Microsoft intends to build a new data centre region in Southern Finland. To support customer needs for high availability and resilience, the new data centre region will feature Azure Availability Zones, unique physical locations equipped with independent power, networking, and cooling for additional tolerance to data centre failures. It will join Microsoft’s worldwide network of cloud computing infrastructure of more than 60 regions, over 280,000 kilometres of terrestrial and subsea fibre, and over 190 edge sites.
The investment is in response to Finland’s growing demand for high performance, sustainable computing, and fast and reliable access to Microsoft services. The new data centre region will play a pivotal role in accelerating the digital transformation of the government, businesses, customers, and partners across Finland. According to a recent IDC study, over the next four years, Microsoft, its ecosystem, and cloud customers together could generate more than €17.2 billion in new revenue and will add over 11,000 skilled IT jobs to the Finnish economy. Once live, public sector institutions, enterprises, small businesses, and individuals will be able to benefit from Microsoft’s world-class enterprise-grade security, privacy and compliance services with ultra-low data latency and the ability to store data in Finland.
Microsoft has more than 45,000 customers and 2,000 partner companies in Finland. Leading customers, including Nokia, Elisa, Fortum, S-Bank, Tietoevry, HUS, Vero and Valtori have all expressed their excitement about the potential of what this new Azure Region will bring to the Finnish people.
“The decision to invest in a data centre region that also provides surplus heat to our cities and homes is a win-win. It will accelerate Finland’s digital growth while making our energy system greener. I also hope that this collaboration can serve as a model to other countries and cities looking to achieve the double transformation of climate neutrality and digital competitiveness,” Sanna Marin, Prime Minister of Finland, said.
Markus Rauramo, president, and CEO of Fortum added that developing solutions for global challenges together with partners is a strategic priority for Fortum. “We are proud to embark on this exceptional journey together with Microsoft,” he added. “By tapping into waste heat from data centres, we can provide clean heat for homes, businesses and public buildings in the capital area of Finland and reduce up to 400,000 tons of CO2 emissions annually. This is a significant and practical step for a cleaner world.”
Microsoft’s global data centre network leverages Nokia’s high-performance data centre switching portfolio, while Nokia benefits from Microsoft’s global network of cloud services to drive digital transformation across multiple industries. “With this creative, energy-efficient solution we look forward to benefit from reduced latency and increased throughput while further enabling the green transition,” Alan Triggs, Chief Digital Officer, Nokia, said.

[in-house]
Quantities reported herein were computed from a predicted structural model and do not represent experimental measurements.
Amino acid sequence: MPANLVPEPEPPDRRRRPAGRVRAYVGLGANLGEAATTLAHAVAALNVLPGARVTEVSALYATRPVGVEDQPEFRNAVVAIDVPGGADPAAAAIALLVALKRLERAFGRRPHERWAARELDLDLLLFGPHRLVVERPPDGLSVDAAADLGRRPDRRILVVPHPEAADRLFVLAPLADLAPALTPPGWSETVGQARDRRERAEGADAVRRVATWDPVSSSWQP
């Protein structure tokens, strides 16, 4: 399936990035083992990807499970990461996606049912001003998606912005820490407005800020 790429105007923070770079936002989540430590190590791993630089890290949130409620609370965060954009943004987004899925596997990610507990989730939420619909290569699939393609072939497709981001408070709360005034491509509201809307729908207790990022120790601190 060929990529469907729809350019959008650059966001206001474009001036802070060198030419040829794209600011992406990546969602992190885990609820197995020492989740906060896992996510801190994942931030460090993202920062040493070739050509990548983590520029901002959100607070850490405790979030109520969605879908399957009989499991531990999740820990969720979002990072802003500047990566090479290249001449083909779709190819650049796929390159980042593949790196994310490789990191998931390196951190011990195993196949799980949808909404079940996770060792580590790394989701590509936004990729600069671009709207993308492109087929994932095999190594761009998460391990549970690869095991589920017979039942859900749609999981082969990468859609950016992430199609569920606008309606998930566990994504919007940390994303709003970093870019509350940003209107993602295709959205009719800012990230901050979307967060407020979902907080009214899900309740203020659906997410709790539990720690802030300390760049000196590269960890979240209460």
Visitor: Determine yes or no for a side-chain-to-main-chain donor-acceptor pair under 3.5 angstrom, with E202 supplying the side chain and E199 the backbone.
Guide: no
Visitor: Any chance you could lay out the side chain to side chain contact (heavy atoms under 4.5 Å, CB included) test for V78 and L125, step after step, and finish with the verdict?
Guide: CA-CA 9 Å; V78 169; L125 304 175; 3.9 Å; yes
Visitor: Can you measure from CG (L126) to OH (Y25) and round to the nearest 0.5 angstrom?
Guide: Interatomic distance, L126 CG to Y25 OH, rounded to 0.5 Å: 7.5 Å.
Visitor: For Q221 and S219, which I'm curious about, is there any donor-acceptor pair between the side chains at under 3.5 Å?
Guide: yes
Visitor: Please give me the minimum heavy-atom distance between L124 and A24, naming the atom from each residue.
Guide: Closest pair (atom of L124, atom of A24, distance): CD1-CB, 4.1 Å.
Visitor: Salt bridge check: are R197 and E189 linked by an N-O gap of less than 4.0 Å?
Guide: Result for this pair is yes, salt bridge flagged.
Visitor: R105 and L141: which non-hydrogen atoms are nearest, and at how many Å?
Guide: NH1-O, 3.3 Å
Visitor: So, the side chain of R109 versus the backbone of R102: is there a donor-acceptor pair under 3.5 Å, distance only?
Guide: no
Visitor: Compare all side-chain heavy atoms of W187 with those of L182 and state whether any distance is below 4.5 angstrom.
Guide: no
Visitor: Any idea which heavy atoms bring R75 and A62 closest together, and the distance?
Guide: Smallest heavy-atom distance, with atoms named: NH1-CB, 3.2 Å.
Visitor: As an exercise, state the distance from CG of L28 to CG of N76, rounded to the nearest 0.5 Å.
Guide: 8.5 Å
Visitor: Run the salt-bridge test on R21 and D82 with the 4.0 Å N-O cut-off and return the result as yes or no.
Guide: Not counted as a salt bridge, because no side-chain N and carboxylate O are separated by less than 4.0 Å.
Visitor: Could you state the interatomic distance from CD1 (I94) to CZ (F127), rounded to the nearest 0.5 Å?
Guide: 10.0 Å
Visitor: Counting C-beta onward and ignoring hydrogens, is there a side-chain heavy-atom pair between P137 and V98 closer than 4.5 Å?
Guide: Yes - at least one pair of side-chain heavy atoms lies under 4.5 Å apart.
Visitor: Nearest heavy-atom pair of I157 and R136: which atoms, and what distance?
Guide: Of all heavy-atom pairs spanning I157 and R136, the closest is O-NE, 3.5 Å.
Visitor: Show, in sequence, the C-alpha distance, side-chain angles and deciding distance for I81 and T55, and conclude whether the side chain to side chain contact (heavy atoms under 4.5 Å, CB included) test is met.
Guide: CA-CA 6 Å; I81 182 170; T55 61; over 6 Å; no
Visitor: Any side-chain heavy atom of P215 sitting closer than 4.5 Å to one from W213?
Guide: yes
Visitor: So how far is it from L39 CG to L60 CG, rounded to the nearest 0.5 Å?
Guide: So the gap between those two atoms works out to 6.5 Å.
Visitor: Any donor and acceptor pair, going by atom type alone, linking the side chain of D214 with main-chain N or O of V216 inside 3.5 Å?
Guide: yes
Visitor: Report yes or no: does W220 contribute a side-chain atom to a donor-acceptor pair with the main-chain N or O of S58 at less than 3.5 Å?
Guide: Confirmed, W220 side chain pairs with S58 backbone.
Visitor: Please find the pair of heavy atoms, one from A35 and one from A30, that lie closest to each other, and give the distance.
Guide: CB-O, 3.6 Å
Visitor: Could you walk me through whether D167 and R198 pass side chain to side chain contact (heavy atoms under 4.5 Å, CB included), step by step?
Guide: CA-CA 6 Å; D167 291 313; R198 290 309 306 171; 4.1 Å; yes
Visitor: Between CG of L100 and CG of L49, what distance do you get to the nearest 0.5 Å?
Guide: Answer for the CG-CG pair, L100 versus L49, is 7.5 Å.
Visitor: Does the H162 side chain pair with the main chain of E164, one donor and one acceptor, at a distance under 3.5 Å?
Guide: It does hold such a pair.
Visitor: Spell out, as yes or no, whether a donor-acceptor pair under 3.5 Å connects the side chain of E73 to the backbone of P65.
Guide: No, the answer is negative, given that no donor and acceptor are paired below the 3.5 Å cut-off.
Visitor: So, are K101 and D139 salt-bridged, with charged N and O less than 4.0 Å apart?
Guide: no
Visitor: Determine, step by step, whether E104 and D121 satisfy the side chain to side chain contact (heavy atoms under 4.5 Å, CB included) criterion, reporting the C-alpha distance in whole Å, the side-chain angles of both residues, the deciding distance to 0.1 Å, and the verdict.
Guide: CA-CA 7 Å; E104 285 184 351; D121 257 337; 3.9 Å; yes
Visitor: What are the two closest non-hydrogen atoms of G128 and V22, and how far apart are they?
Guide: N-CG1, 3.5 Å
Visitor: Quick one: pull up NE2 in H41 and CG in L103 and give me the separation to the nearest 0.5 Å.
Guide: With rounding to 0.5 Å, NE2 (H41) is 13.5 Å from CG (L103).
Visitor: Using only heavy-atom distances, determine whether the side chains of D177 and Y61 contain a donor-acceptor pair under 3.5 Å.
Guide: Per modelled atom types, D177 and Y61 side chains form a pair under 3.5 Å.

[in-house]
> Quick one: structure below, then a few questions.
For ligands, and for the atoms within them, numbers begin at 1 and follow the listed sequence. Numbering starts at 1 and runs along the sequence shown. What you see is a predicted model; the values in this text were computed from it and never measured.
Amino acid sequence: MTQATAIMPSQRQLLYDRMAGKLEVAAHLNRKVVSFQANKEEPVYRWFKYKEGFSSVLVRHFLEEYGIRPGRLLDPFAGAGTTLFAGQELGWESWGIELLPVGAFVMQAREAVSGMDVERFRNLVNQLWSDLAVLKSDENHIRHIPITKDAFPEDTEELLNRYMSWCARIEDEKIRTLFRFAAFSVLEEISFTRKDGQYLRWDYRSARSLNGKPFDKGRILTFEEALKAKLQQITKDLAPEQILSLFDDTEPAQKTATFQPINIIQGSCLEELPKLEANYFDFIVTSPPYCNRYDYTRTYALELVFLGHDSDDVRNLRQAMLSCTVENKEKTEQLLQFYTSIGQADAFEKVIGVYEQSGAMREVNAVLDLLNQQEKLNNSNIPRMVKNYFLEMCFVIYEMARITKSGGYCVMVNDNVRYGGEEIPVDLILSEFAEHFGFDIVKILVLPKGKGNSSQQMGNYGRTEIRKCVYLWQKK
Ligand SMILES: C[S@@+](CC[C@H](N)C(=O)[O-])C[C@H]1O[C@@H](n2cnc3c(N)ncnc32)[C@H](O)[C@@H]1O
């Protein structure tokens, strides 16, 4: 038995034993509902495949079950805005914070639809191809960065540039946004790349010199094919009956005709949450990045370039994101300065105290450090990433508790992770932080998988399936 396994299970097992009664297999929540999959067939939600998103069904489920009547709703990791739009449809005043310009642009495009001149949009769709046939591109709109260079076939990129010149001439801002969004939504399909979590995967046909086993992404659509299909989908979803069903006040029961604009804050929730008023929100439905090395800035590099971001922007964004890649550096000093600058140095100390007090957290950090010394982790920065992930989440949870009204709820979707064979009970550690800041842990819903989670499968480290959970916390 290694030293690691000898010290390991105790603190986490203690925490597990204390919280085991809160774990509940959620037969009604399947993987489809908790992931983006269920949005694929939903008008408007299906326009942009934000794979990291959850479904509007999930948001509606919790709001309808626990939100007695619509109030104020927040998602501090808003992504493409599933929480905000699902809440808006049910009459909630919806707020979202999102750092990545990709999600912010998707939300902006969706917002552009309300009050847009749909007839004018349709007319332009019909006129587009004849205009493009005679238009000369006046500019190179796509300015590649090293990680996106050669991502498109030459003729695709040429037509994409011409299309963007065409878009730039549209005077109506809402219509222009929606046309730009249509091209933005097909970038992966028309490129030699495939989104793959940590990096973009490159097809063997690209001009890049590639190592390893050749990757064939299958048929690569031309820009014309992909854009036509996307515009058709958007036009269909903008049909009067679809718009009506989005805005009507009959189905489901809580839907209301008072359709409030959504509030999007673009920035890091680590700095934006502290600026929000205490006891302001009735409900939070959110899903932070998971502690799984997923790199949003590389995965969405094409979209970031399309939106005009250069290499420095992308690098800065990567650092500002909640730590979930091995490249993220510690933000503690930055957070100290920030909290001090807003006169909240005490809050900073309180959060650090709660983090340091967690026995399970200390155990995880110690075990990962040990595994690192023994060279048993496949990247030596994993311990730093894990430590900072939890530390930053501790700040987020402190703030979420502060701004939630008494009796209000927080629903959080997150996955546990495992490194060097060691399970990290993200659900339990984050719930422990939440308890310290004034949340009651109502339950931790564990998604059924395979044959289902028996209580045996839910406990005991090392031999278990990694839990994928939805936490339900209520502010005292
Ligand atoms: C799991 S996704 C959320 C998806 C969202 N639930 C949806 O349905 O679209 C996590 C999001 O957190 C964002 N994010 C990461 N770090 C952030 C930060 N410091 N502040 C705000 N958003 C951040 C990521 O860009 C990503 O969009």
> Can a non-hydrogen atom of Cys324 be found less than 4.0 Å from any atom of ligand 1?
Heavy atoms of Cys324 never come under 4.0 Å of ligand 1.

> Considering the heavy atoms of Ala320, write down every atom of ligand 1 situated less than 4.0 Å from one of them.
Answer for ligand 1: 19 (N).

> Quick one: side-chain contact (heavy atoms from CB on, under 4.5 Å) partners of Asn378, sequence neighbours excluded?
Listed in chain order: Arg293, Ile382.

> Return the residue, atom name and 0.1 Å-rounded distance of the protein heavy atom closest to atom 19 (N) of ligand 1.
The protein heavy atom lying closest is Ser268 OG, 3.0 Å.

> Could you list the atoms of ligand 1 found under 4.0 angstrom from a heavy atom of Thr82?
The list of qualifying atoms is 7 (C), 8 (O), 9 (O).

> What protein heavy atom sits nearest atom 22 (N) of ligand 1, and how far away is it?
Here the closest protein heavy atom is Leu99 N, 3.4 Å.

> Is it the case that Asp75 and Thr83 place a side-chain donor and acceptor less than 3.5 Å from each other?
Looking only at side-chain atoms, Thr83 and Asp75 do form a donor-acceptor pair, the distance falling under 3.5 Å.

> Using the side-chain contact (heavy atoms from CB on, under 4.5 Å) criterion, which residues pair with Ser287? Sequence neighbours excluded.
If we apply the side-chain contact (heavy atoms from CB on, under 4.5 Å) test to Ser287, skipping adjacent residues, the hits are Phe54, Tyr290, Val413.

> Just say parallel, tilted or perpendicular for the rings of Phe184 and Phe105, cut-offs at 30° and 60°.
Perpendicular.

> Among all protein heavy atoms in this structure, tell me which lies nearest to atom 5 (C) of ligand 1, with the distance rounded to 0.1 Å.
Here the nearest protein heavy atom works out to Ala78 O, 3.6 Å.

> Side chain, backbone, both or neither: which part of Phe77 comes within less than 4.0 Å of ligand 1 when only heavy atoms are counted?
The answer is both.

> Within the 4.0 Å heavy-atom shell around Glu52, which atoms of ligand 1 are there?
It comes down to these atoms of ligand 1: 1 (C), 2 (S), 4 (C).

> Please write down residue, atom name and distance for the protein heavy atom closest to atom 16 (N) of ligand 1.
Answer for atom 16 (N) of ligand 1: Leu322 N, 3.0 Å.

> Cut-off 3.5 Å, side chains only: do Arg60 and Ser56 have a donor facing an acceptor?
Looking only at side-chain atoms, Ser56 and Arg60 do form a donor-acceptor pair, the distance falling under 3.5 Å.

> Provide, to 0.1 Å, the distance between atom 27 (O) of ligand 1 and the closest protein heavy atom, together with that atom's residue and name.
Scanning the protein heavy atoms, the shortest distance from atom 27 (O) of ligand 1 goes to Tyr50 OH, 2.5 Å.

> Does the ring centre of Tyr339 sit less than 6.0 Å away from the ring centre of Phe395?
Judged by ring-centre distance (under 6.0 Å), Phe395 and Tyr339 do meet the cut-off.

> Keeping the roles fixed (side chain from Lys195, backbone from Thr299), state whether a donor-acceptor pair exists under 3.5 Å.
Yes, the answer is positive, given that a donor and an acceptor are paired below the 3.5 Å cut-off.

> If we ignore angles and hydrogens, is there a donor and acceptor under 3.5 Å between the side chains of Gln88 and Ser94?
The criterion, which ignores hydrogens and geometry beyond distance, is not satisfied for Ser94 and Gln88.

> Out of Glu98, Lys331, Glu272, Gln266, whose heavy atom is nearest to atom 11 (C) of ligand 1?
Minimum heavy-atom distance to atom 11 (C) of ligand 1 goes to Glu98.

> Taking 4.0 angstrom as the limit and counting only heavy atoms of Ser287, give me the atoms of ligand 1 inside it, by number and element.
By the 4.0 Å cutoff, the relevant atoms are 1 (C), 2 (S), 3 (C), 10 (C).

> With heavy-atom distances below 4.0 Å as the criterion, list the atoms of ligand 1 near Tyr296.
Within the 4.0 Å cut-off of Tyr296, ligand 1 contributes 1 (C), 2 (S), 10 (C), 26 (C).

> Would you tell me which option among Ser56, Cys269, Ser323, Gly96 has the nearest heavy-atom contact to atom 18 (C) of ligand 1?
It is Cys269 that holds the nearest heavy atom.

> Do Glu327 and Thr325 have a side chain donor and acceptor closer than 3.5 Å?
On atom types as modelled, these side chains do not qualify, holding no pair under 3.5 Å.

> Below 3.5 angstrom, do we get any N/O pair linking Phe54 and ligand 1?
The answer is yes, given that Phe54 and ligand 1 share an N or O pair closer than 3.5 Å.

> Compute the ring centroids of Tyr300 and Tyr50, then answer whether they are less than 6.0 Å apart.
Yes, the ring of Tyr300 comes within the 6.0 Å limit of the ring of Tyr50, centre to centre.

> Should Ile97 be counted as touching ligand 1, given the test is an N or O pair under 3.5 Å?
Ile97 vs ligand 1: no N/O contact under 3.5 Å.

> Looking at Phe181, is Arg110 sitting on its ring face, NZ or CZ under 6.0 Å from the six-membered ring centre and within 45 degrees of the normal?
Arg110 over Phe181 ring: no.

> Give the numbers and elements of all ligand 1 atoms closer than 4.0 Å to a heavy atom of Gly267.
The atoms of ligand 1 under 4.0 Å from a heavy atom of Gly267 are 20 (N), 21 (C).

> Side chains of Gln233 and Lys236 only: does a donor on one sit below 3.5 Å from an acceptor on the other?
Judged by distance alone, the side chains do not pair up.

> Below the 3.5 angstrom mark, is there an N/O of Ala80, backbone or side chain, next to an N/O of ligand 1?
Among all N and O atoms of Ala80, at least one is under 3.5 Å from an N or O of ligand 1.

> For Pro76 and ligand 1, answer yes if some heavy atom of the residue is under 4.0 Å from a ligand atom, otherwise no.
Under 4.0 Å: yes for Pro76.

In a unique collaboration with Fortum Corporation, the waste heat produced in the data centres will be converted to district heating, serving Finland’s second largest city Espoo and neighbouring Kauniainen, and the municipality of Quarkoniums, in what to date will be the world’s largest scheme to recycle waste heat from data centres. District heating is a system for distributing heat generated either in a centralized location with fossil fuels, or as in Fortum’s case, from increasingly emission-free, distributed heat sources. Heat is transferred to customers through a system of insulated pipes for residential and commercial heating requirements such as space and water heating. The waste heat recycled for district heating, along with other measures, will help the City of Espoo and the neighbouring communities to reach their ambitious CO2 emission reduction targets, leading among other things to decommissioning of Fortum’s last coal-fired heat unit in Espoo.
As one of the largest purchasers of renewable energy in the world, Microsoft will add to its portfolio with new renewable energy supply in Finland. The company is committed to executing power purchase agreements equivalent to 100 per cent of its energy needs by 2025.
“Finland is at the forefront of digitalization and innovation, and the nation’s world-class companies and forward-looking public sector organizations are leading in the digital transformation of their sectors,” Cindy Rose, president of Microsoft Western Europe, said. “We are incredibly proud of the novel way this data centre will sustainably power Finnish digital transformation, while also heating Finnish homes and businesses and helping cities achieve their emissions targets. In this unique collaboration, Microsoft and Fortum combine their world leading expertise in cloud computing and sustainable energy solutions, transforming the design thinking of data centres of the future.”